The £7.4 million Police Central E-crime Unit, formed last year after extensive campaigning by the police and businesses, is crucial to fighting cybercrime, the report stated. The PCeU is tasked to “develop the overall response to cybercrime” by the police.
The report highlighted a successful recent example of the PCeU in action. In April, the unit worked with banks to target a group of suspects using a computer virus to help them steal money from personal accounts.
“In a first for a UK e-crime investigation, financial institutions and police worked together to share real time intelligence on criminal activity,” it said. “This proactive partnership with industry resulted in what would normally be a six month investigation being concluded within four weeks.”
More than 195 people had been victims of the scam, at a total cost of £700,000, and the arrests may have avoided £20 million worth of further harm, according to estimates.
The Serious Organised Crime Agency, which was formed in 2006 and absorbed the original National High Tech Crime Unit, will continue to tackle large scale cybercrime. The difference between the responsibilities of it and the PCeU may be clarified in the new strategy in December.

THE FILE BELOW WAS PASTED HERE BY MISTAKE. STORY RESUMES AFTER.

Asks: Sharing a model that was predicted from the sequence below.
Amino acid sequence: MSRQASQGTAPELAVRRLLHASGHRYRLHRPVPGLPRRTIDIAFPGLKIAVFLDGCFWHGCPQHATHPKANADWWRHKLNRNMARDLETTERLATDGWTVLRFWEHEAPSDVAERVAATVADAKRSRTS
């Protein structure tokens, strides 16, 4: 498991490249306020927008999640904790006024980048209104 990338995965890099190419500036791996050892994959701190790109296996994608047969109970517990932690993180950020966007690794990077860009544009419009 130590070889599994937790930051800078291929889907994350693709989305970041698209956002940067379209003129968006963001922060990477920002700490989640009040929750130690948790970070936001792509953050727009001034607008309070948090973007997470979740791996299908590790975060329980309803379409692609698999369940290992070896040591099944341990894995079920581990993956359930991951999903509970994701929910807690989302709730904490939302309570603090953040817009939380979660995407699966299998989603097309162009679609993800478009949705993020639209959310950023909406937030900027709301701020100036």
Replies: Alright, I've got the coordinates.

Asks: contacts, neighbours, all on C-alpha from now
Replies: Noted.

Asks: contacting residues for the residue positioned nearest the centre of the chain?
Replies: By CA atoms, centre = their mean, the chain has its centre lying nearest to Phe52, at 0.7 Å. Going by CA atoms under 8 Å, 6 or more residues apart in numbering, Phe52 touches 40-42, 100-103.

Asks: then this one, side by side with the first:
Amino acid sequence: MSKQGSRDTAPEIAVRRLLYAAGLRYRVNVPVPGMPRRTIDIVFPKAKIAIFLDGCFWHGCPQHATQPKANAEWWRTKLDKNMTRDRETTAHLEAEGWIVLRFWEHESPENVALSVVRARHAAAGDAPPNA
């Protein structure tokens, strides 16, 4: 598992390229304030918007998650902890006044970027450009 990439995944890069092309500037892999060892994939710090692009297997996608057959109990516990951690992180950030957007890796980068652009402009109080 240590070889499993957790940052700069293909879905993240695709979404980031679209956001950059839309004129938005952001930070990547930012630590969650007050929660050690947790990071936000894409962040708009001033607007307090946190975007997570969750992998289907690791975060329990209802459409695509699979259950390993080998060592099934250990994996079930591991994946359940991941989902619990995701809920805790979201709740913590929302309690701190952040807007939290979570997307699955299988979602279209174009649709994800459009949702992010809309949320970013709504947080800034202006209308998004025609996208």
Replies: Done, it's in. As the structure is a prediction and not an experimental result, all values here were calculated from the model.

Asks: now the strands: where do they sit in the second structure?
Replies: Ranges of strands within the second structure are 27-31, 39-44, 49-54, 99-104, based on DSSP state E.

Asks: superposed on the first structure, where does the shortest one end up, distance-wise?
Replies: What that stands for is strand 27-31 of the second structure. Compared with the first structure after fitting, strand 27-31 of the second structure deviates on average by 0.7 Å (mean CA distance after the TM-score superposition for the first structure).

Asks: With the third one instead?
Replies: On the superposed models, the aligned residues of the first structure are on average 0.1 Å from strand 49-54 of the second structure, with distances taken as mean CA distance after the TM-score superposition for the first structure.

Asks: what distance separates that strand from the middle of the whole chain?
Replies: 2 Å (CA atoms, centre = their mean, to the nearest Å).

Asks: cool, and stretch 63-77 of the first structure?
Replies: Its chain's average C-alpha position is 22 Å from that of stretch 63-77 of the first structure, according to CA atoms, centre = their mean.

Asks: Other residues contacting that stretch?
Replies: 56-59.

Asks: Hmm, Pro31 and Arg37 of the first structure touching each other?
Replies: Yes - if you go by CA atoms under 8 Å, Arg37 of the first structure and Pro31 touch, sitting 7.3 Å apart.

One of SOCA's specialities is helping to fight crime taking place in multiple countries. “Much of the cyber crime affecting the UK comes from international crime groups, and the government set up SOCA to focus in part on tackling cyber crime internationally in alliance with overseas law enforcement,” the report stated.
In a recent operation, SOCA worked with American authorities against criminals using DarkMarket, a website which offers the sale of credit card details and bank log-ins of tens of thousands of UK citizens. The work led to 12 arrests in the UK, and the government estimates the operations avoided $70 million (£43 million) in potential losses.
A clear strategy will be published before the end of the year.